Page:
While some may find all of this knuffig stuff adorable, others are less amused. Some media commentators have, for instance, insinuated that our obsession with all things cute is a psychological response to the traumas and stresses of an unstable world.

Wherever our urges to adore all things knuffig or knuddelig or niedlich come from – evolution certainly plays a role here (if babies werent’s so gosh darn cute, making us want to take care of them ’round the clock, they would be in big trouble!) – it should be embraced as one of the most compelling of all human quirks, alongside empathy, altruism and honesty (which remain, often, alas, very lonely words in a very competitive world).

After all, what would the world be like if no one ever felt the urge to find anyone or anything else knuffig?

A sad place indeed.

Word of the Week: Plaudertasche

A “Plaudertasche” is a slang expression for “chatterbox”. It is generally used as a cute term of endearment to describe a very wordy person.

While it may also of course be applied in a critical sense, it is more often than not merely a fun way to describe someone who enjoys long, in-depth conversations, preferably (for many task-oriented Germans) laced with some deep thought and analysis.

“Plaudertasche” can also be used, however, as a moniker for someone who is more than a tad gossipy.

This is yet another of the myriad existing compound nouns that is derived from two separate words – the verb “plaudern”, which essentially means to make small talk or to chit chat, and the noun “Tasche”, which means bag. (A handbag, for instance, is a “Handtasche”.)

This noun is not always used in everday language, and is most likely not listed in official dictionaries as it is more of a slang expression. But it could be whipped out to impress German speakers as a cheeky way of describing a chatty friend.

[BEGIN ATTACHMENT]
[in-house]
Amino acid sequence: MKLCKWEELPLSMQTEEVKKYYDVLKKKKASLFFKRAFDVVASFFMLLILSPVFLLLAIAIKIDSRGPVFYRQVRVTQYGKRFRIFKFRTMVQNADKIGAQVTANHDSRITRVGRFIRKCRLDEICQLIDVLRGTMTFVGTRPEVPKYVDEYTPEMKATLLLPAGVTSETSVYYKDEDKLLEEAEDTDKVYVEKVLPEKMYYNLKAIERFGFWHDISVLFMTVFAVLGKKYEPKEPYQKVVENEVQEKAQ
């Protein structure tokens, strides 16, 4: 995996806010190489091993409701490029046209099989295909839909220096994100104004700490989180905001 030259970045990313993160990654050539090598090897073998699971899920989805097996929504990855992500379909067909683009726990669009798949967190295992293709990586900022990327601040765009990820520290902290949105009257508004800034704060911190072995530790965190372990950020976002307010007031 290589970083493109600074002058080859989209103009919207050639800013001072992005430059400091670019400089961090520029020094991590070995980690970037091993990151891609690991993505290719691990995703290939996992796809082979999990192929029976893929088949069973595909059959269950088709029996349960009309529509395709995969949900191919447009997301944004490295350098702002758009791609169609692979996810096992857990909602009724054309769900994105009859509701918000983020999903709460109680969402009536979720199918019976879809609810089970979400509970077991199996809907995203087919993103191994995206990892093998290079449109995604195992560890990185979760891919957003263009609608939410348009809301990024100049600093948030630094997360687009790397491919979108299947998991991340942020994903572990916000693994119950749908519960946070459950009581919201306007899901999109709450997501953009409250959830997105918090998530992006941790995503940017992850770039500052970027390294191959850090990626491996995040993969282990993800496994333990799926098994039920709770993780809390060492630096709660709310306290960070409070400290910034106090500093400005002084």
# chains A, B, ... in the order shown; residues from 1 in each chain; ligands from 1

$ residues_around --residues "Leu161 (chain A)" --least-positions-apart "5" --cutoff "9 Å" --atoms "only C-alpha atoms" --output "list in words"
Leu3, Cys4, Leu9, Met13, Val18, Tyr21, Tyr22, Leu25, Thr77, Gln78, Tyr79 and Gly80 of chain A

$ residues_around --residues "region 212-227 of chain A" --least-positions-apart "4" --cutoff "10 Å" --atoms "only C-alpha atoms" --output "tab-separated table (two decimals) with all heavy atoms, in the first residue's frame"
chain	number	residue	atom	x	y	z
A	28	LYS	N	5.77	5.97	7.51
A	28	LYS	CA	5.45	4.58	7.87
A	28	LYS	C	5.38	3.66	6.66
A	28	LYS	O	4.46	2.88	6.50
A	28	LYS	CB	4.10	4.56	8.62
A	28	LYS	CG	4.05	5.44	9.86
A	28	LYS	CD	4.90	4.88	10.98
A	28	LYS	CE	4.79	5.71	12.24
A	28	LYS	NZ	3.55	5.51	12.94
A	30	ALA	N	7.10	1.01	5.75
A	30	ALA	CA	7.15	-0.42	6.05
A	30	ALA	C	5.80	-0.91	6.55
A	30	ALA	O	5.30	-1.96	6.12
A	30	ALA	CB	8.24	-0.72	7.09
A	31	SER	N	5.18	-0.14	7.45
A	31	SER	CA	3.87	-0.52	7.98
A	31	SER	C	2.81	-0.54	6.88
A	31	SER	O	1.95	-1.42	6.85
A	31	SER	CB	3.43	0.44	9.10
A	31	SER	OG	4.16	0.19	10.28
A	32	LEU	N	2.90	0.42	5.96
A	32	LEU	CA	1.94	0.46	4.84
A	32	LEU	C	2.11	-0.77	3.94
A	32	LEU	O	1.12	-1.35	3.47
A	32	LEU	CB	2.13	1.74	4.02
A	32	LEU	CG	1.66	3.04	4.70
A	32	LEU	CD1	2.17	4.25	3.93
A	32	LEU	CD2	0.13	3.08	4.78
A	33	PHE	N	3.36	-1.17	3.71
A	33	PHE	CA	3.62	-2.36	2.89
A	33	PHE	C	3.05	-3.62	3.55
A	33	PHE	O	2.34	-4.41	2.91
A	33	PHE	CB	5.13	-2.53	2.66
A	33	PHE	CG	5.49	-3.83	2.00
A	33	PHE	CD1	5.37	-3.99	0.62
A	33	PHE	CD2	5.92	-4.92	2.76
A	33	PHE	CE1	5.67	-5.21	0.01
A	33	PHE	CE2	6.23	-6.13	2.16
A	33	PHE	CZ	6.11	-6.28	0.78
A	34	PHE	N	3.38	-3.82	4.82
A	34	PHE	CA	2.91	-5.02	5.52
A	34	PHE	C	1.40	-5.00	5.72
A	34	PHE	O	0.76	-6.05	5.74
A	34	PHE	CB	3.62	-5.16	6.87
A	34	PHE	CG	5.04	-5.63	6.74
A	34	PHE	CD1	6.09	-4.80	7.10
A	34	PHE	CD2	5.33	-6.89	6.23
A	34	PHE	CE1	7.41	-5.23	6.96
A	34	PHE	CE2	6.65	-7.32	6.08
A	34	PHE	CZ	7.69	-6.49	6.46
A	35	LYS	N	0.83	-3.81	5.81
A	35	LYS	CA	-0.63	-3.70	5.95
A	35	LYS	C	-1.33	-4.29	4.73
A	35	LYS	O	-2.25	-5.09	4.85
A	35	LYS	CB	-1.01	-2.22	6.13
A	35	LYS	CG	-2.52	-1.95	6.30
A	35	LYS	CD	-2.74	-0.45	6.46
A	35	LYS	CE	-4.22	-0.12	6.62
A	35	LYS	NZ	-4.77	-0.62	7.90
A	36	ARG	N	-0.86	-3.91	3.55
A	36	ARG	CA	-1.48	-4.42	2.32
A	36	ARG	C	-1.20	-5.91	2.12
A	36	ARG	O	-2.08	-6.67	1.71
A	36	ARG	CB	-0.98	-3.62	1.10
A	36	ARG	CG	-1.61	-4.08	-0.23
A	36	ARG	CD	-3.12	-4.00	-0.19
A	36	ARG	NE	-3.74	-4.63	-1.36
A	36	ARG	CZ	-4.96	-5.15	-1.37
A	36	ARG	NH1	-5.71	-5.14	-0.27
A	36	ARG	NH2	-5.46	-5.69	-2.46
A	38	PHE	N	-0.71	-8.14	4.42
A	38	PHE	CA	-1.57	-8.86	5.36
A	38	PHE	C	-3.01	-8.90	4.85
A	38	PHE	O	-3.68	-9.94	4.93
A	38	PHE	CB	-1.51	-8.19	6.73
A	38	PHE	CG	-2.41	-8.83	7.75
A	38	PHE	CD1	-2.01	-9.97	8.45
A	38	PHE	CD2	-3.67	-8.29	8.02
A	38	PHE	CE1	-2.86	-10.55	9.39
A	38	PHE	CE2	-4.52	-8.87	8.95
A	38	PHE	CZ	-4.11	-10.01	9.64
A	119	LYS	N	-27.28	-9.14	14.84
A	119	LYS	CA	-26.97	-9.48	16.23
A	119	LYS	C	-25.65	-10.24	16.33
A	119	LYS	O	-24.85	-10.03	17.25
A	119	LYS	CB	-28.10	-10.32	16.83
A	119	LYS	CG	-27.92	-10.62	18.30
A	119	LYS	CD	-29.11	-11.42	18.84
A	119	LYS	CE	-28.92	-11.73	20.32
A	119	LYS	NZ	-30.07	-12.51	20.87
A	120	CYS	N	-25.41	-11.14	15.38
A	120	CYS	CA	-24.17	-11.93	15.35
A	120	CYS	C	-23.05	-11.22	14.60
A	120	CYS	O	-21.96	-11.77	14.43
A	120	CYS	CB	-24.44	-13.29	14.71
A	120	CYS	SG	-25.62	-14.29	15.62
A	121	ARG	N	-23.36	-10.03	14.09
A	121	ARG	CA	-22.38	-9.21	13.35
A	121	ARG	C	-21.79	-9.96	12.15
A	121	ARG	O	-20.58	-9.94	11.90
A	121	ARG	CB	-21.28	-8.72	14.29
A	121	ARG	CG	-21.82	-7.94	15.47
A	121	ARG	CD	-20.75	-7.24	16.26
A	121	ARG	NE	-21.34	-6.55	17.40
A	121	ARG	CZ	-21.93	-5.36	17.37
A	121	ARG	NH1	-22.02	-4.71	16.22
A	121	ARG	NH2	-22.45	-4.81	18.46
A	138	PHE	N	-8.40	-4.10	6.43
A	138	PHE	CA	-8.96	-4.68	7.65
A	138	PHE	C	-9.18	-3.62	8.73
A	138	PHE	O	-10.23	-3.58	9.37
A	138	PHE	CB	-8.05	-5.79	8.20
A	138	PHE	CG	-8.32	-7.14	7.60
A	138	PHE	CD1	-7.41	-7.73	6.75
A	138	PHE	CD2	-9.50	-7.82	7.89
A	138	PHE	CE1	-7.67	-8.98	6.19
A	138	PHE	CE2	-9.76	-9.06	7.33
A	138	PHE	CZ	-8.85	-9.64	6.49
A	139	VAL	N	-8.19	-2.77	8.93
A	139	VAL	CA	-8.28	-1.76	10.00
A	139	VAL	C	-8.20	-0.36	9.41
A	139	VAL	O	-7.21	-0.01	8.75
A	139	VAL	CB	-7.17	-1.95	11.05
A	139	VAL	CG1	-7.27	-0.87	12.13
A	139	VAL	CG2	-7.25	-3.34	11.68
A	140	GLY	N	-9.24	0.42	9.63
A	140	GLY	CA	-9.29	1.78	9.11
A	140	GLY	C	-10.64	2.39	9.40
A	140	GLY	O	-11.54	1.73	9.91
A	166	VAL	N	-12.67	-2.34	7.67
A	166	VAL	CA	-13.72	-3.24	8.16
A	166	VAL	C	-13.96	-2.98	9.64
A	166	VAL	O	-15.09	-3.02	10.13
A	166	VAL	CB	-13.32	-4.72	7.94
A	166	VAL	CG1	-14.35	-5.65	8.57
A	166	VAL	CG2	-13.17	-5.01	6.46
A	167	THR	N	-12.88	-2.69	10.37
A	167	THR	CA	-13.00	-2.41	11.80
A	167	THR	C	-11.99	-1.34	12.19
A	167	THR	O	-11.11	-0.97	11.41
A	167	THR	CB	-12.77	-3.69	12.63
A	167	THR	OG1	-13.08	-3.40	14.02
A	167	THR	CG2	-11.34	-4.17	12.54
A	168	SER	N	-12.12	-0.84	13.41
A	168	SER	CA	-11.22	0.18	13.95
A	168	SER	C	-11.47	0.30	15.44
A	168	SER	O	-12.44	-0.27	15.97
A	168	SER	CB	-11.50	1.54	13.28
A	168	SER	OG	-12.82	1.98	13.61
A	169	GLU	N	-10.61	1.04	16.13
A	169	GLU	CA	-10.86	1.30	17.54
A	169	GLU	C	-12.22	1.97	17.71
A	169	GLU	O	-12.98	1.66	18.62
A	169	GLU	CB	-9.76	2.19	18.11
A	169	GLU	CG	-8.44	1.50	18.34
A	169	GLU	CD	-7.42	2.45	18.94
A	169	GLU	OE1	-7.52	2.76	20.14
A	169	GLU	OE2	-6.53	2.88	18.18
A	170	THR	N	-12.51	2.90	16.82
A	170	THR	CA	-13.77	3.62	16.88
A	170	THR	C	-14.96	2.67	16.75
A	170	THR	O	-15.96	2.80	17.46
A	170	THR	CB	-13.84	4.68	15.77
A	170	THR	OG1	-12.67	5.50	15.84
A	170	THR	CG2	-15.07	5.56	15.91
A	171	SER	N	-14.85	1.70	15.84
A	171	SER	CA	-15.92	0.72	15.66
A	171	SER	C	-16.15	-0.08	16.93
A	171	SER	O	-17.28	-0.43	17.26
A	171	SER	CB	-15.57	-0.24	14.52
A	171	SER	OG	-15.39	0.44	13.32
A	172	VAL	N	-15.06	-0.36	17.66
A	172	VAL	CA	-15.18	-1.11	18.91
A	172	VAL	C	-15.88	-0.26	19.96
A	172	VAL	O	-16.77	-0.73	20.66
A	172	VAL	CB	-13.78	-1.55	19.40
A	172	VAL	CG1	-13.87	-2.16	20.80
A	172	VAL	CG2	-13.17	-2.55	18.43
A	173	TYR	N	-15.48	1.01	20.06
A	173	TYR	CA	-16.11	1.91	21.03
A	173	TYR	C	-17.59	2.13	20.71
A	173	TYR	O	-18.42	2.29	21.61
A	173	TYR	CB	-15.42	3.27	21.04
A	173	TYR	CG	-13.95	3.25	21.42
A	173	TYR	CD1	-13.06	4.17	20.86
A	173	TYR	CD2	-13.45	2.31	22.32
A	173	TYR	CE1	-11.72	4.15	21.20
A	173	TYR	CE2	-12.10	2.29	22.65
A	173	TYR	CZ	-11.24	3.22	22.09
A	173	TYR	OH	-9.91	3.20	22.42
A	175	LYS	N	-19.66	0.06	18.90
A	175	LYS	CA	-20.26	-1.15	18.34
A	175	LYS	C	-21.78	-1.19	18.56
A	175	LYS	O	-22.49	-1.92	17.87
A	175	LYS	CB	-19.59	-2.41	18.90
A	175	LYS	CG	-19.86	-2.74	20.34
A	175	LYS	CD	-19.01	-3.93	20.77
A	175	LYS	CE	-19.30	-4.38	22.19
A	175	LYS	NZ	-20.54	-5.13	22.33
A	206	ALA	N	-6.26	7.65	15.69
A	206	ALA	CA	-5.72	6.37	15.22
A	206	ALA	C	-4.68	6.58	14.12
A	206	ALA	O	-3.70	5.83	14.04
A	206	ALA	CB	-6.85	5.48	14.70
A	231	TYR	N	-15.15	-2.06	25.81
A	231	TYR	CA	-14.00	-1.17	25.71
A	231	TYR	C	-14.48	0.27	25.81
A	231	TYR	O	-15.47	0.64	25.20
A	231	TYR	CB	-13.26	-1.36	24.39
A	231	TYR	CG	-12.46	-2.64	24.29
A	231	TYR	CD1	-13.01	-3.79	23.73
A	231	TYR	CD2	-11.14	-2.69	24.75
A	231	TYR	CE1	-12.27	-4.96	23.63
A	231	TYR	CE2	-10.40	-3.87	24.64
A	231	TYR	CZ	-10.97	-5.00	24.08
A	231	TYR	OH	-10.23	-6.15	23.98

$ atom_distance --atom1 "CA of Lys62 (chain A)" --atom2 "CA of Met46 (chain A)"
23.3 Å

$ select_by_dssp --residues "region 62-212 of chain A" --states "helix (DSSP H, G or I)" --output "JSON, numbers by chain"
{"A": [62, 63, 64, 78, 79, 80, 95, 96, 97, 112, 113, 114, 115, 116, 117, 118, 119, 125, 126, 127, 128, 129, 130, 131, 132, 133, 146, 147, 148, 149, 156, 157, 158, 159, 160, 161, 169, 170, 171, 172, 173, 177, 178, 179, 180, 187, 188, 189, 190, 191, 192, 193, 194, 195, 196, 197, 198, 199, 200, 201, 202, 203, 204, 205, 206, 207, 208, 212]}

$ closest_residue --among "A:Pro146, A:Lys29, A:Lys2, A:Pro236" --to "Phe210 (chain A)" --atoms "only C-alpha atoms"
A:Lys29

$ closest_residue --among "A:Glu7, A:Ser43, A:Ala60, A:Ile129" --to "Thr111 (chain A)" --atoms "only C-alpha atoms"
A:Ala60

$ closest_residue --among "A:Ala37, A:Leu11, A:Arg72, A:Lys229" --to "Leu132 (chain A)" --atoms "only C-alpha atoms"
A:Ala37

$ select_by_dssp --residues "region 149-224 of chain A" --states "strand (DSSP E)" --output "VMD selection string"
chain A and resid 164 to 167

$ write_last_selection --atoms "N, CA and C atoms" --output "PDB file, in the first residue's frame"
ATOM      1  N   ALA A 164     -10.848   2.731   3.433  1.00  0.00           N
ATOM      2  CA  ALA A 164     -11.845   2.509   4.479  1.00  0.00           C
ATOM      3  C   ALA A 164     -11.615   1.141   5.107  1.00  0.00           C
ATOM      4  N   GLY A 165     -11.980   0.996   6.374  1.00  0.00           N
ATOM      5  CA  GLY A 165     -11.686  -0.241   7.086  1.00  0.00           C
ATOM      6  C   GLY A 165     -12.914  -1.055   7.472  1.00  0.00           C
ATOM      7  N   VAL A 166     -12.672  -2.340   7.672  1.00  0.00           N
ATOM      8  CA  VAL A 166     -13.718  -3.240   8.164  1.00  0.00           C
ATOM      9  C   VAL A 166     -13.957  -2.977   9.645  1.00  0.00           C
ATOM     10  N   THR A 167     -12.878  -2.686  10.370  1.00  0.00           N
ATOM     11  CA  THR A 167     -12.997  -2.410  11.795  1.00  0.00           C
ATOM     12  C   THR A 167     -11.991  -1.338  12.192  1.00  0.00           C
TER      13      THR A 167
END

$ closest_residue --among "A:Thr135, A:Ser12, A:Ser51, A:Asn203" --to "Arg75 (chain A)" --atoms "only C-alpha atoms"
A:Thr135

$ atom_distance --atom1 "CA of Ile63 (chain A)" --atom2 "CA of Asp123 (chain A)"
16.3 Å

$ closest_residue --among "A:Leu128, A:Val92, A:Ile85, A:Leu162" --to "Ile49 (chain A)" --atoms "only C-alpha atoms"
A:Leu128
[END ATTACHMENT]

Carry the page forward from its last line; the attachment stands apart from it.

Word of the Week: Muttermal

In German, a “Muttermal” is a birth mark. A more literal translation would be “mother’s mark”, though of course hardly anyone would ever say that in English.

A more negative expression oft cited by media outside of Germany in reports comparing public sector childcare policies in various countries is “Rabenmutter”, which literally means “raven mother”. A woman might be referred to as a “Rabenmutter” if she flees the nest by going to work or otherwise leaving her children up to their own devices, even if she ensures that a grandparent, nanny or daycare center are providing adequate childcare for her offspring in her absence.

This is a real hot button issue in Germany, with people arguing for or against mothers going to work, or seeking out a mix of employment outside the household coupled with traditional maternal childcare duties.

“Muttertag” means the same thing in German as it does in English – “Mother’s Day”. In Germany and the United States, as in many other countries including Austria, Australia, Brazil, Japan and Italy, it is observed on the second Sunday in May.

And of course the word “Mutter” conjures up mostly warm and fuzzy feelings for most Germans, who adore their Moms just like everyone else all over the world.

Word of the Week: Arbeitstier

In the literal sense of the word, an “Arbeitstier” is a work animal, as in a beast of burden on a pre-mechanized farm. The horse at the center of the bestselling 1877 novel “Black Beauty” by English author Alice Sewell, for instance, was an “Arbeitstier” – one, moreover, in need of saving from brutal humans driving an innocent, elegant animal to the limits of its physical capacities.

This expression – like so many German compound nouns – is actually composed of two words: “Arbeit” (work) and “Tier” (animal).

In the modern sense of the word, however, a person who works very hard is referred to as an “Arbeitstier”, a badge of honor for many individuals in a society that prides itself on efficiency and what some Germans refer to as a strong work ethic or “Prussian sense of duty” (though one would be hard-pressed to find a Bavarian using the latter expression).

So an “Arbeitstier” is, essentially, a very hard and focused worker, but not necessarily a “workaholic”, an expression which has many negative connotations in modern western societies.

In Germany the expression “Arbeitstier” is, however, generally used in a more positive sense.